Sin Cannot Erase the Image
This insight makes sense of why the Bible never says that sin erase, distorts, warps or lessens the fact that we are made according to God’s image. Kilner repeats this point over and over so we will not miss it.
“If Christ is God’s image, then God’s image isn’t damaged by sin or the fall. And even people’s status as being created according to that image isn’t damaged since that is about special connection and intended reflection. The special connection was still there soon after the fall. You can see it right there in Genesis 9:6. God says that we may not murder people, because people are with him—they’re his. There is no indication that the connection has been weakened in any way.”
Certainly, we are creative because God is creative. We imagine because God imagines. We are relational because God is relational. But those internal capacities are not at the heart of this discussion. “To be made in God’s image or according to God’s image is not saying that we are like God. Echoing in our minds we should hear, ‘I am God, and there is no other; I am God, and there is none like me’ (Isaiah 46:9). Rather, we are increasingly becoming more like God to reflect God’s attributes. Being in God’s image is about a connection to God and the intention of God, both of which are unchanged by sin.”
Christ is the glorious image to whom we look, and as we look to him our personhood is restored.
Language choice is key.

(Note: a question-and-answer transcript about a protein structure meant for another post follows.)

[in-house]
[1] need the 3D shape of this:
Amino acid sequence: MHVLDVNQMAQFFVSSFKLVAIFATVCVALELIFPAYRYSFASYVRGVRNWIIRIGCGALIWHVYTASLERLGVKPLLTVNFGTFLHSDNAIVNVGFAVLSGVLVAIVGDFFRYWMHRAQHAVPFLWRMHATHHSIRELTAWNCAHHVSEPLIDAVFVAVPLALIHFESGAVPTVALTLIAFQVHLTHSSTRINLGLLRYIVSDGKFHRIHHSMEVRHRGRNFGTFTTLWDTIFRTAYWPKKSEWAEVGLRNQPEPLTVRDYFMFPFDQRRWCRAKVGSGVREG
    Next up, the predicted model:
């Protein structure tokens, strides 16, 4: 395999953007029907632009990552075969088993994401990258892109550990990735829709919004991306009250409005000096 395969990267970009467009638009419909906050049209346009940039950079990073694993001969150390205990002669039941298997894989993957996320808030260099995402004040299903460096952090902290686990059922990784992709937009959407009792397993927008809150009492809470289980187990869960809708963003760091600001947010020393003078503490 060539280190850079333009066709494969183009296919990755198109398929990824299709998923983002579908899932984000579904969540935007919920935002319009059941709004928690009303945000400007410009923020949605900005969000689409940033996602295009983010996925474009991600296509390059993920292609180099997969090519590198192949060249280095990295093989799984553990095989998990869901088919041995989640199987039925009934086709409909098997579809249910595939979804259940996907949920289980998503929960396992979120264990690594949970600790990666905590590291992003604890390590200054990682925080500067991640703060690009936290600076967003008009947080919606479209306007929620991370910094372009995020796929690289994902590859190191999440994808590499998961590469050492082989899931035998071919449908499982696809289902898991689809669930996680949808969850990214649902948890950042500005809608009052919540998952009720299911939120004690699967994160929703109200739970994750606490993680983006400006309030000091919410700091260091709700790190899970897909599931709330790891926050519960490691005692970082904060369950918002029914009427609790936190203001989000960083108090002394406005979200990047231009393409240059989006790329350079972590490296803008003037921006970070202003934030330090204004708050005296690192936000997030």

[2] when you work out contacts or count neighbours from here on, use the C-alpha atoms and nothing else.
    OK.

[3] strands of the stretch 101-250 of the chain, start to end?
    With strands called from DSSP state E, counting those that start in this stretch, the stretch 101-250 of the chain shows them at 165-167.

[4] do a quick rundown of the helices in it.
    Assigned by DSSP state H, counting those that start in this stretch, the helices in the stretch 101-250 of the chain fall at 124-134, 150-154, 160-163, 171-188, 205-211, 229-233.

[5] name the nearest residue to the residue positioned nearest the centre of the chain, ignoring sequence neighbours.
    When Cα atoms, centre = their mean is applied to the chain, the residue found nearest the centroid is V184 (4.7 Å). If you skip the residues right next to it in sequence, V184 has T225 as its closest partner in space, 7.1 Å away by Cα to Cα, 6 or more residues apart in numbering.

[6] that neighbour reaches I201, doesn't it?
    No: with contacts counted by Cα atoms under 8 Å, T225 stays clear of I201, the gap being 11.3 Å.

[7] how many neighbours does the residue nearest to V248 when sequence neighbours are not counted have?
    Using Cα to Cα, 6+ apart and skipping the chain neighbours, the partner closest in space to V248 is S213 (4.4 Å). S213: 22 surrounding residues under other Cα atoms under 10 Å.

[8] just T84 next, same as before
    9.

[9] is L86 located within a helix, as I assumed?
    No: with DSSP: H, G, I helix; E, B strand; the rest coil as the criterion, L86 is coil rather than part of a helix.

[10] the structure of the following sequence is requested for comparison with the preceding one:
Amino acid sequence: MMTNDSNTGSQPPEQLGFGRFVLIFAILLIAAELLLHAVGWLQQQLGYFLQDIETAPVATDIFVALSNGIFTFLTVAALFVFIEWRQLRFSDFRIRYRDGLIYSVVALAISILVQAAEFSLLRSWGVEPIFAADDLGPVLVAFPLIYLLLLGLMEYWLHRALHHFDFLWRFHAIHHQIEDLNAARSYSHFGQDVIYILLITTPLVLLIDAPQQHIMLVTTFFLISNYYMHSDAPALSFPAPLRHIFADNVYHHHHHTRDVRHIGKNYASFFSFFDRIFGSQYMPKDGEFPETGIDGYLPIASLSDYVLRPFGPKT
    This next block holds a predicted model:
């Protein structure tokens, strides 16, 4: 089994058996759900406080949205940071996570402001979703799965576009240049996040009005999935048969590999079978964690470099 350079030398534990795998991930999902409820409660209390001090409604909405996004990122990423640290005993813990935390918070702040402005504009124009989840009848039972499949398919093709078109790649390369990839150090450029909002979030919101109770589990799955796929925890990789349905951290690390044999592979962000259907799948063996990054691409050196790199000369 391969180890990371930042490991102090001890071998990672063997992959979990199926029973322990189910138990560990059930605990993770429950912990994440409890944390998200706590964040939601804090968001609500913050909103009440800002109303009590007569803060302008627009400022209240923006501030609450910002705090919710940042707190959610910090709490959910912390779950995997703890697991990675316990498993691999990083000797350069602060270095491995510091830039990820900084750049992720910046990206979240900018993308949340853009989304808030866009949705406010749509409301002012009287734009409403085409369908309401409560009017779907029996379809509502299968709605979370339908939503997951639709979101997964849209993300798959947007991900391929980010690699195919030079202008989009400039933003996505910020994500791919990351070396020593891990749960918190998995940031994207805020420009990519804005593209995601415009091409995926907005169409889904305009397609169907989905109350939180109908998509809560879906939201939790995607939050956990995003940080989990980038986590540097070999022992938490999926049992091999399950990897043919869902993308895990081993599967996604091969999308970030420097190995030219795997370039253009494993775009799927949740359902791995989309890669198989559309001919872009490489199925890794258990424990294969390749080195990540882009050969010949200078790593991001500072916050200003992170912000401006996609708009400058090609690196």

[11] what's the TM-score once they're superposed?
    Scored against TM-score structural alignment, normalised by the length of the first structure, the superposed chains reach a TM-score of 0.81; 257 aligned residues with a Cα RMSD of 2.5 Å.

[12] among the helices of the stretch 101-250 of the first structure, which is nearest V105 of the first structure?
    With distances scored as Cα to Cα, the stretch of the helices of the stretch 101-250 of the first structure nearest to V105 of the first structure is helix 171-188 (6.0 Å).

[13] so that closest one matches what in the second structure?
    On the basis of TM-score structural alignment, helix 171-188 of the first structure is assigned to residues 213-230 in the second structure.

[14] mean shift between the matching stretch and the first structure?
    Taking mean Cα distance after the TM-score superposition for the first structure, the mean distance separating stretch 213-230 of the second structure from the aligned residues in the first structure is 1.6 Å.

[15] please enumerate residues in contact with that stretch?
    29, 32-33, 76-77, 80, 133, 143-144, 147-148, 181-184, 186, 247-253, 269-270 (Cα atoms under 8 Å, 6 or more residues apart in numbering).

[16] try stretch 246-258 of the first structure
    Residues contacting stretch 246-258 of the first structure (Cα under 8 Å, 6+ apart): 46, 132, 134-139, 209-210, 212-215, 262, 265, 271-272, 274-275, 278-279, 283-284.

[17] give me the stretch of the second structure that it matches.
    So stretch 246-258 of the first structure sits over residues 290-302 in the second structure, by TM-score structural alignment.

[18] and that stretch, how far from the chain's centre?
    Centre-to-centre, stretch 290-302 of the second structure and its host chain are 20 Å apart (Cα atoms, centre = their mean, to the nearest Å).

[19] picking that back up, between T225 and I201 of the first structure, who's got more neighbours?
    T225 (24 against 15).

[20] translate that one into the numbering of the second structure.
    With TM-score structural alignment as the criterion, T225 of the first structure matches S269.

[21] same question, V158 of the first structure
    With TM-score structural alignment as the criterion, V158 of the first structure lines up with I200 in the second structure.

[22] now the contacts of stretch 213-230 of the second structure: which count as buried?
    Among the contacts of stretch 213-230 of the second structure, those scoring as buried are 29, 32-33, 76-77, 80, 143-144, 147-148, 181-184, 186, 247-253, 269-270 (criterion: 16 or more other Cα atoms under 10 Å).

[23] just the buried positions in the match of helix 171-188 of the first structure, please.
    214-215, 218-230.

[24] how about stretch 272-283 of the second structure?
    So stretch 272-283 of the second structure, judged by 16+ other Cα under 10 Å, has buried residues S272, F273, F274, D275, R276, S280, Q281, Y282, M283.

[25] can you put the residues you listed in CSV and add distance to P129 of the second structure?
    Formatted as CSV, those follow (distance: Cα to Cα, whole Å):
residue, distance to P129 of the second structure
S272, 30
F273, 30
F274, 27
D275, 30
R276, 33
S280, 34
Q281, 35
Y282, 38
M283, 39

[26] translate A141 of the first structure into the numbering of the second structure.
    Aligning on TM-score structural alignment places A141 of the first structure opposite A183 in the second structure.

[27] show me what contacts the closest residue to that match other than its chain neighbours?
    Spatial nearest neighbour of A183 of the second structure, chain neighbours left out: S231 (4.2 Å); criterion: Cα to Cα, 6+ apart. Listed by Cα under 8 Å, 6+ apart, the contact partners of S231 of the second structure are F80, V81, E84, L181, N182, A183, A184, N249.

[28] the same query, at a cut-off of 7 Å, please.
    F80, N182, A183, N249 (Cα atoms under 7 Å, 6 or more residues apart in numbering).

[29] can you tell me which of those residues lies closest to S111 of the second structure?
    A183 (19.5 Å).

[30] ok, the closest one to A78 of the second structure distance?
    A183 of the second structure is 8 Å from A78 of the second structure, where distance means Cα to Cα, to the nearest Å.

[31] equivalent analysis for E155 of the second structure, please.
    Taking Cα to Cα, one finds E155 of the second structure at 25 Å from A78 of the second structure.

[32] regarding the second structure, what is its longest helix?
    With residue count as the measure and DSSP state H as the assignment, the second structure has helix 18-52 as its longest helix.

“Just as it is normally important to affirm that we are in the image of God or are according to the image of God—rather than saying we are the image of God—it is also helpful to avoid saying that we ‘have’ or ‘bear’ the image of God. Both of those expressions suggest that there is something in us or about us that makes us like God—some traits, capacities, etc.—things damaged by sin.”
“For that reason, it is probably not accidental that none of the biblical writers would think to use an expression such as ‘we have the image’ or ‘we bear the image.’”
Except for 1 Corinthians 15:49. “There Paul indicates that bearing the image of God ourselves will become a reality post-resurrection, when we actually will have all the traits and capacities that will appropriately reflect Christ, without the limitations of sin.”
Humanity as Royalty
In the meantime, Psalm 8 remains a beautiful coronation song to celebrate the dignity of humanity. But even it is not a celebration of the great capacities and abilities of fallen humanity. Quite the opposite. Psalm 8 is a royal song with a chorus that asks us to consider, in comparison to God himself, “What is man that you are mindful of him, and the son of man that you care for him?” (Psalm 8:4).
“Our status, our human dignity is not a function of anything,” says Kilner of Psalm 8. “It is an echo of the fact that there is a status there, but it is rooted in something other than our traits, other than what we can observe.”
To be made in God’s image is to be given unspeakable dignity, to be a king or a queen on this earth. But that dignity is freely bestowed on us by God’s free act. We have been given dominion over this earth, which is less like being given the keys to an excavator and more like being handed a scepter as one of God’s vice regents (Psalm 8:6). This dignity is afforded to the born, the unborn, the able, the disabled and to all the ethnicities of the world.
To be made in God’s image is “a genuine democratization of ancient Near Eastern royal ideology” (Middleton, 121). It is the genesis of democracy. It is the basis of the American Declaration of Independence. It is the foundation of our pro-life priorities.
But this bestowal of royal dominion on us, in our fallen condition, in our feebleness, is “a tragic splendor”—as C.S. Lewis said of the huge crown pressed down on the young head of Queen Elizabeth in 1953.
The splendor of divine dignity does not match our rebellious and fallen humanity. It is a tragic splendor, but a splendor no less. God made us, he owns us, and he has “endowed” us “with certain unalienable Rights.” And Christ is set before us as our great trajectory.